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Birth of Dónal Lunny, Irish Folk Musician & Producer

donal-lunnyDónal Lunny, Irish folk musician and producer, is born on March 10, 1947 in Tullamore, County Offaly. He plays left-handed guitar and bouzouki, as well as keyboards and bodhrán. As a founding member of popular bands Planxty, The Bothy Band, Moving Hearts, Coolfin, Mozaik, LAPD, and Usher’s Island, he has been at the forefront of the renaissance of Irish traditional music for over five decades.

Lunny attends secondary school at Newbridge College and, in 1963, joins the Patrician Brothers’ school for the Intermediate Certificate year. As a teenager, he joins an occasional trio called Rakes of Kildare, with his elder brother Frank and Christy Moore. They play mostly in pubs and are also booked for a couple of gigs, one at Hugh Neeson’s pub in Newbridge for Easter Monday in 1966.

In 1965, Lunny enrolls at Dublin‘s National College of Art & Design where he studies Basic Design and Graphic Design. He also develops an interest in metalwork leading him to become a skilled gold-and-silversmith, although he only practises the craft for a short time before devoting his energies fully to music. During his time in Dublin, he plays in a band called The Parnell Folk, with Mick Moloney, Sean Corcoran, Johnny Morrissey and Dan Maher.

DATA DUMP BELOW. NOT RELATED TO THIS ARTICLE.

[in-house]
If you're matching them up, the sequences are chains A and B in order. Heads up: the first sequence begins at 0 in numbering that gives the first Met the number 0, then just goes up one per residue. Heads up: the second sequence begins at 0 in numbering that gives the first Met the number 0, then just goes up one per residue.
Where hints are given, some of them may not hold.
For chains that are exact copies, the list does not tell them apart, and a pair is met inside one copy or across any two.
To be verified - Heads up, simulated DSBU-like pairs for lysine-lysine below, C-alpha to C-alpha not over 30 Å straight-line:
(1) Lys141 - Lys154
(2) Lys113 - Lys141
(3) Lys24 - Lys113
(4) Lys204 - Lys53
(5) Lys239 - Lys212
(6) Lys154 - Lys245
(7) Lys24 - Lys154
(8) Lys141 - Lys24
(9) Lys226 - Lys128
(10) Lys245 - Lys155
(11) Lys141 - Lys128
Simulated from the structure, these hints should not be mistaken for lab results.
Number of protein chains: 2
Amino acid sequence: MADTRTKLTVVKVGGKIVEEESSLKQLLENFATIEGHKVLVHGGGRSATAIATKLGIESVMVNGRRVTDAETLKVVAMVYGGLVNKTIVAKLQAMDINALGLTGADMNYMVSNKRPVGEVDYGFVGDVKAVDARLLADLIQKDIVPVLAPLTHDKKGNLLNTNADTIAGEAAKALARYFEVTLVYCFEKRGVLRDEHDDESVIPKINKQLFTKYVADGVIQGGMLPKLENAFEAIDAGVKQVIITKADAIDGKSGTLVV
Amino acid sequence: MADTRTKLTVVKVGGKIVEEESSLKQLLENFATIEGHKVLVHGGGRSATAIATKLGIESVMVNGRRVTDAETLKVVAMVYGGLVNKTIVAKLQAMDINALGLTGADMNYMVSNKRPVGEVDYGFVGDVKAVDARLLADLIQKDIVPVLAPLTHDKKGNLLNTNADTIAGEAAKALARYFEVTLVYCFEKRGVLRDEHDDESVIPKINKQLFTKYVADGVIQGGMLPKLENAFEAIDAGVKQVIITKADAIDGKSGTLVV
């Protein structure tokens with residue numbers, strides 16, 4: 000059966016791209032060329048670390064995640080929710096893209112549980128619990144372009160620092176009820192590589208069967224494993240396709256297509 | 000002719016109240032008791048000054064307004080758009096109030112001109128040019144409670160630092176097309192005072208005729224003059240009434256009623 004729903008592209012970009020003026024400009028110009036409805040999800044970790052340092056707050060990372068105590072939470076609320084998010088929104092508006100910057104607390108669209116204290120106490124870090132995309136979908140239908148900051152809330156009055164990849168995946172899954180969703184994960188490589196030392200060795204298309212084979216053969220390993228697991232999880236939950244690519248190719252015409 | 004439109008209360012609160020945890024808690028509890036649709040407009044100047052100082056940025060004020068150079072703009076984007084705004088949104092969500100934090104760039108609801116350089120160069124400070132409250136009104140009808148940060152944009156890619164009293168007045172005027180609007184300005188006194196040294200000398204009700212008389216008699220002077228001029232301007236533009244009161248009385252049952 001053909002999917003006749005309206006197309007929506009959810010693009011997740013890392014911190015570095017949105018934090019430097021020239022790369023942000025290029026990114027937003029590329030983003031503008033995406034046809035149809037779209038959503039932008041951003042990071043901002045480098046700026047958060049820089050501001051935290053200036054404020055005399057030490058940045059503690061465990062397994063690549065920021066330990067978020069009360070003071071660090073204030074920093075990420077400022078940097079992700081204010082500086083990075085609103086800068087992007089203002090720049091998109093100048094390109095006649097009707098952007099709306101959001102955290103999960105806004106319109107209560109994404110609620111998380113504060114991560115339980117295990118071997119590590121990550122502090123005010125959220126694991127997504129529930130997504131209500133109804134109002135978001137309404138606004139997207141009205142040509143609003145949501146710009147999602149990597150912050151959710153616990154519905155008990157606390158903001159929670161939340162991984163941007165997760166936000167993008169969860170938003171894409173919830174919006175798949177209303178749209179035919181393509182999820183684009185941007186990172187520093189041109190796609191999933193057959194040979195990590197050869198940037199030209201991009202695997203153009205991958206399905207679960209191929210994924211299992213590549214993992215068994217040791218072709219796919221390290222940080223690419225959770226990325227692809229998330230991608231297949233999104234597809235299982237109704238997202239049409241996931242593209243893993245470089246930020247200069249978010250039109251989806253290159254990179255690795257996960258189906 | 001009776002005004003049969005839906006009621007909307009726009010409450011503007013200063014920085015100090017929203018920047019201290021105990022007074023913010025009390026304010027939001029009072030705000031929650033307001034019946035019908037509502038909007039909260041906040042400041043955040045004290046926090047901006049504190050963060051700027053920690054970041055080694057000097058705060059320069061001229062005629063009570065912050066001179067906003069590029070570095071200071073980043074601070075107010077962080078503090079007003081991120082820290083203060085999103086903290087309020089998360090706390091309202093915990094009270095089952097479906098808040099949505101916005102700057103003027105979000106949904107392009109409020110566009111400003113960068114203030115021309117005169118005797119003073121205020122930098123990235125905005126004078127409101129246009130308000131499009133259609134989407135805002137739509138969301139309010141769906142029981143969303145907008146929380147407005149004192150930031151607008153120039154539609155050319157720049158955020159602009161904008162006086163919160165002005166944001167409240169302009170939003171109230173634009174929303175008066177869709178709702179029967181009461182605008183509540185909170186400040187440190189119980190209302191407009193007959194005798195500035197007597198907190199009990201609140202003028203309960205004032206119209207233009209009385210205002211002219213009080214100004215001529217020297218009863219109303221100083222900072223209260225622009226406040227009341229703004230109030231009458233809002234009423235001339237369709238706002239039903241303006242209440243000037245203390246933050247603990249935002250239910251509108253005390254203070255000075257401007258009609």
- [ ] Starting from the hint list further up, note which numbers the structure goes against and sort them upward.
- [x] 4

When Moving Hearts breaks up in 1985, Lunny diversifies and becomes a producer. He is closely involved in the establishment of a new Irish record label, Mulligan Records (acquired in 2008 by Compass Records), and produces and plays on many of its early releases.

Lunny is the producer and music director of the soundtrack of Bringing It All Back Home, a BBC Television documentary series charting the influence of Irish music throughout the world. He produces albums for Paul Brady, Elvis Costello, Indigo Girls, Sinéad O’Connor, Clannad, Maurice Lennon, Baaba Maal, and Five Guys Named Moe. He appears on the compilation albums The Gathering (1981) and Common Ground (1996). In 1994, he produces Irish Australian singer/songwriter Mairéid Sullivan’s first recording, Dancer.

Lunny pushes new boundaries with his band Coolfin (1998) which includes uilleann piper John McSherry. He appears at the 2000 Cambridge Folk Festival, and the album that commemorates it. In 2001 he collaborates with Frank Harte on the album My Name is Napoleon Bonaparte. He produces the album Human Child (2007) by Faeroese Eivør Pálsdóttir, which is published in two versions, one English and one Faeroese.

As an arranger, Lunny works for The Waterboys, Fairground Attraction and Eddi Reader. Journey (2000) is a retrospective album. During 2003–2005, he is part of the reunited Planxty concert tour. He also produces Jimmy MacCarthy‘s album entitled Hey-Ho Believe, which is released on November 12, 2010.

Lunny is the brother of musician and producer Manus Lunny. He has a son, Shane, whose mother is singer Sinéad O’Connor.

(Pictured: Dónal Lunny at the Craiceann Bodhrán Festival 2016, Inis Oirr)


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Premier of RTÉ One Drama Series “Glenroe”

glenroeThe first episode of Glenroe, a television drama series broadcast on RTÉ One, airs on September 11, 1983. The series runs for eighteen years, ending in May 2001.